Education offers an opportunity to shape a new, accessible labour market in the energy sector. It must be inclusive, making use of skills of all people including typically underrepresented groups such as women, indigenous people, people with disabilities, mature workers, and low-income individuals. Education is a key pillar necessary to achieve the United Nations Sustainable Development Goals, which include targets in gender equality, energy and environment. Training in the sustainability sector will reduce economic disparities and unlock a potential that is currently unused, yet needed by Jordan’s energy sector as identified by IRENA in its Renewable Readiness Assessment report for Jordan in 2021.

Employment in Jordan

According to the World Bank Group, Jordan is facing an employment crisis, worsened by the Covid-19 pandemic, which left 24.7 per cent of its working-age population unemployed. The situation is even more severe among 15- to 24-years-olds: Unemployment in this group reached an unprecedented 50 per cent in the fourth quarter of 2020. Job creation, as well as training tailored to a newly developing job market is thus a key step towards economic growth and stability in Jordan. Besides a high national interest in securing employment for its people, the severely water scarce country is also keen to combat global warming and reducing its energy dependency (currently, Jordan imports 93% of its primary energy). Thus, building capacities for a flourishing sustainable energy sector is an essential puzzle piece to meet social, economic, and environmental goals.

The country’s huge potential in renewable energy and energy efficiency have made it a regional frontrunner in the renewable energy sector. Accordingly, Jordan is set to reap socio-economic benefits, including what is estimated to amount to 38,216 direct job-years created by renewable energy deployment between 2021 and 2030. Over 90 per cent of these jobs are associated with the solar photovoltaic industry, which will predominantly need staff to install, operate and maintain a growing number of installations. Additionally, renewable energy deployment and stringent energy efficiency measures are to create 111,692 indirect and induced job-years. The former refers to industries facilitating the implementation of sustainable energy policies, such as manufacturing cables needed for renewable energy installations, the latter to jobs created by the expenditures facilitated by the income of a growing renewable energy industry. Similar to what has been found for the rest of the world, a key building stone in a successful and just transition is human capacity. The Energy Partnership is committed to tackle this gap by facilitating capacity building in a range of areas.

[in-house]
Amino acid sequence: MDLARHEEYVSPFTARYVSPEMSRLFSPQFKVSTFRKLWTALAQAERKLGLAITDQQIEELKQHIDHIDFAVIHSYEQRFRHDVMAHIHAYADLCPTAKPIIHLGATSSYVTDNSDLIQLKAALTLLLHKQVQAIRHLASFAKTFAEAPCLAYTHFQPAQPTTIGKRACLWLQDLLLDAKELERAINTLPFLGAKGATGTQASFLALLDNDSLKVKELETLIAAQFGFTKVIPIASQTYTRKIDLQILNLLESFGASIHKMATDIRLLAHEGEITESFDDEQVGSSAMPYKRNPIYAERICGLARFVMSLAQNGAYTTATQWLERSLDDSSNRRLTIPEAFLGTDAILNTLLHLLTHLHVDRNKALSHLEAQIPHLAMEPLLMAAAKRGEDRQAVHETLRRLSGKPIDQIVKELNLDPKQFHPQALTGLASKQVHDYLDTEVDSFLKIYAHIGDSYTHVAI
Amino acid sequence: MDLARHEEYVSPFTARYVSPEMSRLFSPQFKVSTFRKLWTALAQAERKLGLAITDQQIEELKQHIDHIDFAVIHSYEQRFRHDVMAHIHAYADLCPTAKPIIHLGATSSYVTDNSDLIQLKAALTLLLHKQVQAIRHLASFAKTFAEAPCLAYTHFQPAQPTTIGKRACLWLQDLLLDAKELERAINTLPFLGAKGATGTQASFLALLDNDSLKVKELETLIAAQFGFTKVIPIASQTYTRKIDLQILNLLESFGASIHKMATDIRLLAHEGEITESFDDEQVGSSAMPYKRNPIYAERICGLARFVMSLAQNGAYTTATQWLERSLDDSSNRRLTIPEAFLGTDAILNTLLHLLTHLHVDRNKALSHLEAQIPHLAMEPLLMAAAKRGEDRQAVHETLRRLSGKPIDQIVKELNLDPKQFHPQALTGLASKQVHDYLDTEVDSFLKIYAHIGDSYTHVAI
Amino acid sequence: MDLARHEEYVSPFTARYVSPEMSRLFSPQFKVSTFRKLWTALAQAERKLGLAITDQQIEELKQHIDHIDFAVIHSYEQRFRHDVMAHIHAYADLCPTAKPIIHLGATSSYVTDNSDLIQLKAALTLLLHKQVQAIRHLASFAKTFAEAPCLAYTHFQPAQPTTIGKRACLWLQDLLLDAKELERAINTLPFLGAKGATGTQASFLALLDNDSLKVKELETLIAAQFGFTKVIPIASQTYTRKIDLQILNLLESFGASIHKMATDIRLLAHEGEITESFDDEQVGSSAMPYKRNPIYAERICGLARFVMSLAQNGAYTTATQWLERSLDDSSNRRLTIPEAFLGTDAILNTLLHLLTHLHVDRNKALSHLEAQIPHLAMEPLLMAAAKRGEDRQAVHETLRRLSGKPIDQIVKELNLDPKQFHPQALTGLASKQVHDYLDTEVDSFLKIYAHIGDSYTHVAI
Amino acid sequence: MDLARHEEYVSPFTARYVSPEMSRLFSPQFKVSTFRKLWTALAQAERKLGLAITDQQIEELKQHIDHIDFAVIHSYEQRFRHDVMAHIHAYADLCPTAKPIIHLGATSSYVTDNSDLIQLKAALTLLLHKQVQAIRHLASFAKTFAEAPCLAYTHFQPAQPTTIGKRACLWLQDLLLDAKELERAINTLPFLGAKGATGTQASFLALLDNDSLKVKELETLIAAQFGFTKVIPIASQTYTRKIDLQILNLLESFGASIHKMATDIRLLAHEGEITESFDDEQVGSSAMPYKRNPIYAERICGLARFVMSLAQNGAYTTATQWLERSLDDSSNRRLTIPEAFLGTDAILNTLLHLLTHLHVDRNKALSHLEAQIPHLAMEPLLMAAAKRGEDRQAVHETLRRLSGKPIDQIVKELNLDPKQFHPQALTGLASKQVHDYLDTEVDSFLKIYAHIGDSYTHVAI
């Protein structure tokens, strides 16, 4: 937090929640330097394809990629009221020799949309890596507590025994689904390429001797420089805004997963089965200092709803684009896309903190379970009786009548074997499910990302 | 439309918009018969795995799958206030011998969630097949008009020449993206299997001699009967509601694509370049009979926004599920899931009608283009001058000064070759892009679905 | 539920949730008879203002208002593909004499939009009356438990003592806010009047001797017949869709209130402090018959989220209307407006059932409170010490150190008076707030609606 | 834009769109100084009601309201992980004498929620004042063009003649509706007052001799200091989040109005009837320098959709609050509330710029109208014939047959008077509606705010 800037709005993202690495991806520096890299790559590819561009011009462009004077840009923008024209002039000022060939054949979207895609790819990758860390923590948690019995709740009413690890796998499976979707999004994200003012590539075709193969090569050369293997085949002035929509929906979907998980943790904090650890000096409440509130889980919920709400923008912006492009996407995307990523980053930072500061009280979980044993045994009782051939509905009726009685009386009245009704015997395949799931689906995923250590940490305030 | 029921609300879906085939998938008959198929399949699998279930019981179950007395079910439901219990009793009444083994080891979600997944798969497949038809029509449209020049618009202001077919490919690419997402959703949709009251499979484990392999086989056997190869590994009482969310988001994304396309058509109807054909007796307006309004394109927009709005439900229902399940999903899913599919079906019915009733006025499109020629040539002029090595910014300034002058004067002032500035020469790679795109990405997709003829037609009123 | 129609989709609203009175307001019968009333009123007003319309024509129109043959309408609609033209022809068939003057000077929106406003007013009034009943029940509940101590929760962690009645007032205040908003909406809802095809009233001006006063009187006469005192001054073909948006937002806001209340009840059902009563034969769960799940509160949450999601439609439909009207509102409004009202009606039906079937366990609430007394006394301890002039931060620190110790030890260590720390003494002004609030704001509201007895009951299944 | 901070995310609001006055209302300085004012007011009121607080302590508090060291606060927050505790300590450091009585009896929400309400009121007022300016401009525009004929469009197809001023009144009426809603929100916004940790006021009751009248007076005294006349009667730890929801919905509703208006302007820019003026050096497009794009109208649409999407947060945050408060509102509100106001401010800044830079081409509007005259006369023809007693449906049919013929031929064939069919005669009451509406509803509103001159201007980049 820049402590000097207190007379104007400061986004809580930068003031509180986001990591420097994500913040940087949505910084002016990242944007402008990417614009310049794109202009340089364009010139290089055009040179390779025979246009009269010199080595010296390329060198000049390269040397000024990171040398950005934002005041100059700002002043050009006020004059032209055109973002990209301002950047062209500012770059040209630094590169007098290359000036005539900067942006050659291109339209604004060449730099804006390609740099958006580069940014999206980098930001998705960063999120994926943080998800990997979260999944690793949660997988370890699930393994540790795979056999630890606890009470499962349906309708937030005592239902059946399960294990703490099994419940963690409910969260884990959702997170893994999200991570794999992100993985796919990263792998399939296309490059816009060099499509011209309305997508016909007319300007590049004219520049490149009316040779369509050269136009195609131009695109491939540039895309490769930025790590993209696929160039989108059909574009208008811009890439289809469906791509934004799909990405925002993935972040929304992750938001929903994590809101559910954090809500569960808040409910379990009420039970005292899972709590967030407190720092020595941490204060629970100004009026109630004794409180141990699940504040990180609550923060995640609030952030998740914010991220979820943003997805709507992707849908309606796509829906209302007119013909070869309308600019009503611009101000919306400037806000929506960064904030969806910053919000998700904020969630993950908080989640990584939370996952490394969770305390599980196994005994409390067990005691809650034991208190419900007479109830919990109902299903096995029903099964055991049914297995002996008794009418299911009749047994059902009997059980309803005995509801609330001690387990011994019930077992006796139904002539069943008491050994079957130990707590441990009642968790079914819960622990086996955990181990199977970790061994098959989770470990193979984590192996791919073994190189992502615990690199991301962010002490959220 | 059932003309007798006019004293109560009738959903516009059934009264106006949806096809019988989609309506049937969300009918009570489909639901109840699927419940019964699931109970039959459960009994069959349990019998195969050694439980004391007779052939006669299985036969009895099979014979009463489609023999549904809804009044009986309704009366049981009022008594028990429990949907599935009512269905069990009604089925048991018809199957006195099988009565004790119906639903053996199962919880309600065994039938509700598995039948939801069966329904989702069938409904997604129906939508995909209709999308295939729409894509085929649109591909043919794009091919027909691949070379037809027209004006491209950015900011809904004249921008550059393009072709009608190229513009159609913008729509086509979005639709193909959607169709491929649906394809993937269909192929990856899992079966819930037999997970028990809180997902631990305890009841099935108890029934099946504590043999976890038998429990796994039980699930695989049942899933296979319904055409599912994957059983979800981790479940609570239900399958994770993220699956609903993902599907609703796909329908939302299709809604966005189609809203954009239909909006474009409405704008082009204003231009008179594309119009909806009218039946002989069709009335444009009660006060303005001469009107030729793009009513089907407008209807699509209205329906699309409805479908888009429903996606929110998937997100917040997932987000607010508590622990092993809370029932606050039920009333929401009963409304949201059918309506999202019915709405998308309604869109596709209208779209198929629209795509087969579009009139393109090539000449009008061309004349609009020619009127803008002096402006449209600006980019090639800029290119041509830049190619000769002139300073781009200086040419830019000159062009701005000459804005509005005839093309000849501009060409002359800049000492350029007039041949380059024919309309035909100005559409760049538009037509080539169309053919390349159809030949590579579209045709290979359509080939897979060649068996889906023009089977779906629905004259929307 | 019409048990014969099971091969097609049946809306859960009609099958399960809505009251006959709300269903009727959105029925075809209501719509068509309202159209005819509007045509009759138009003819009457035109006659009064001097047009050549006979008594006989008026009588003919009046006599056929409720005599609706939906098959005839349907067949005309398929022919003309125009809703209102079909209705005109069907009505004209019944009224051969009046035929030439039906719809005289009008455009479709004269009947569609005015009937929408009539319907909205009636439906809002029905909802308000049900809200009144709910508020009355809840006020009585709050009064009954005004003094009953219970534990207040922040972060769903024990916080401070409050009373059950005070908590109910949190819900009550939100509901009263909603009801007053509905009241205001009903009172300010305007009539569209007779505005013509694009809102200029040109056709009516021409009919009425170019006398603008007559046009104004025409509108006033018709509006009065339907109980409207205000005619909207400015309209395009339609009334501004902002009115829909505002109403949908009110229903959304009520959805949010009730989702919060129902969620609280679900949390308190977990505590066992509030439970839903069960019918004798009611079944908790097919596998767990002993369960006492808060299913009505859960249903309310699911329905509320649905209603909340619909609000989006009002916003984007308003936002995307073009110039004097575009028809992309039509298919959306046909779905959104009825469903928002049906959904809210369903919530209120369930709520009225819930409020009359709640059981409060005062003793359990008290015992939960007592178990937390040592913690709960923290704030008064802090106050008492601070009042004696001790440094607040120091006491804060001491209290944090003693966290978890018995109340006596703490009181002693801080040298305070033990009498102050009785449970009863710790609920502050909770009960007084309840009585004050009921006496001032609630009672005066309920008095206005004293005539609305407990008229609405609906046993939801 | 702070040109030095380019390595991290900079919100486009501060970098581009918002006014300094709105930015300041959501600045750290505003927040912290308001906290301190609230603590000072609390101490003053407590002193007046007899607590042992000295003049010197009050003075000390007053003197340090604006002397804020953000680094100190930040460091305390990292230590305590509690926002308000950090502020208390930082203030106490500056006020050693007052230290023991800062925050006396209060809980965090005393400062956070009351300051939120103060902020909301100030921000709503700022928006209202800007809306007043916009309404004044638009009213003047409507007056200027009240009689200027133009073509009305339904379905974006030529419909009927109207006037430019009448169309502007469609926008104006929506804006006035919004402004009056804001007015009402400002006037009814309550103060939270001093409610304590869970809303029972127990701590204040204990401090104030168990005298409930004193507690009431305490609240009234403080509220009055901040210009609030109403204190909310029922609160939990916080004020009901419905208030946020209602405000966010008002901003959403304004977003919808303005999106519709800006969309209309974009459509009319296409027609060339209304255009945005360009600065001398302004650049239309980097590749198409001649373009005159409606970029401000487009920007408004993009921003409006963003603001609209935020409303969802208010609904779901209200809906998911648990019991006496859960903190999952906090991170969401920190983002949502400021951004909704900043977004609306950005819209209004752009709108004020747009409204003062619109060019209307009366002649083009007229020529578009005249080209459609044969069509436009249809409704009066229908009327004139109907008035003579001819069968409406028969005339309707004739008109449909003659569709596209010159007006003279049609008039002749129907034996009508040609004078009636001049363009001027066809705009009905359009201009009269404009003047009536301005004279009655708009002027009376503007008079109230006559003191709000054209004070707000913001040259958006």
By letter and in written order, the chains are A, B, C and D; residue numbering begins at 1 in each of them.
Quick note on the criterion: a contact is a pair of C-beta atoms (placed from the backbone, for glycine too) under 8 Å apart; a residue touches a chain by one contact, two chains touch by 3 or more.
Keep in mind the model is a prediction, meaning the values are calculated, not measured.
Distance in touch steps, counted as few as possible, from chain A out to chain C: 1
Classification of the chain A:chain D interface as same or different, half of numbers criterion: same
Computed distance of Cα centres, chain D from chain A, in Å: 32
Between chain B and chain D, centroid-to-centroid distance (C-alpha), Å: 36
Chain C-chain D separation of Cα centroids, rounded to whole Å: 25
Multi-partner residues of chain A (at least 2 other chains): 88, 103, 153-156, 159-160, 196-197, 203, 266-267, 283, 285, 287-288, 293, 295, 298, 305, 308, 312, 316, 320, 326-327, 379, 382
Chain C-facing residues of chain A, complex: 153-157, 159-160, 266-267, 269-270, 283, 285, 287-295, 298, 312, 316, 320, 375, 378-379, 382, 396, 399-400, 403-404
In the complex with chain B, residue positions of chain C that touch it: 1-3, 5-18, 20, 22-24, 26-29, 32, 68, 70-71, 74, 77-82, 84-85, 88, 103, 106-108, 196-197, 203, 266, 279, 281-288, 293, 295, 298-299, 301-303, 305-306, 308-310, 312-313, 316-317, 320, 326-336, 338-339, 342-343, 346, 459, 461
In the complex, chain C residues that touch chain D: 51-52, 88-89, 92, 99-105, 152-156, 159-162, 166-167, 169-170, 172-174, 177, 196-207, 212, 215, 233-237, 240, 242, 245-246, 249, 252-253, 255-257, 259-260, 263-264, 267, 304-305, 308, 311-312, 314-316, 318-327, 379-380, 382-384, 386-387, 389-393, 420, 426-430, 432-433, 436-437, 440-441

What we are working on in this sector:

  • The Energy Academy – TVET in the renewable energy and energy efficiency sectors
  • Women in the energy sector – mentorship to foster an energy market open to all genders
  • Innovation Lab – employment and capacity development in public administration


Further reads: .

Just Transition | International Institute for Sustainable Development (

Foreign Policy and the Just Transition - Das Progressive Zentrum (

Renewable Energy and Jobs – Annual Review 2020 (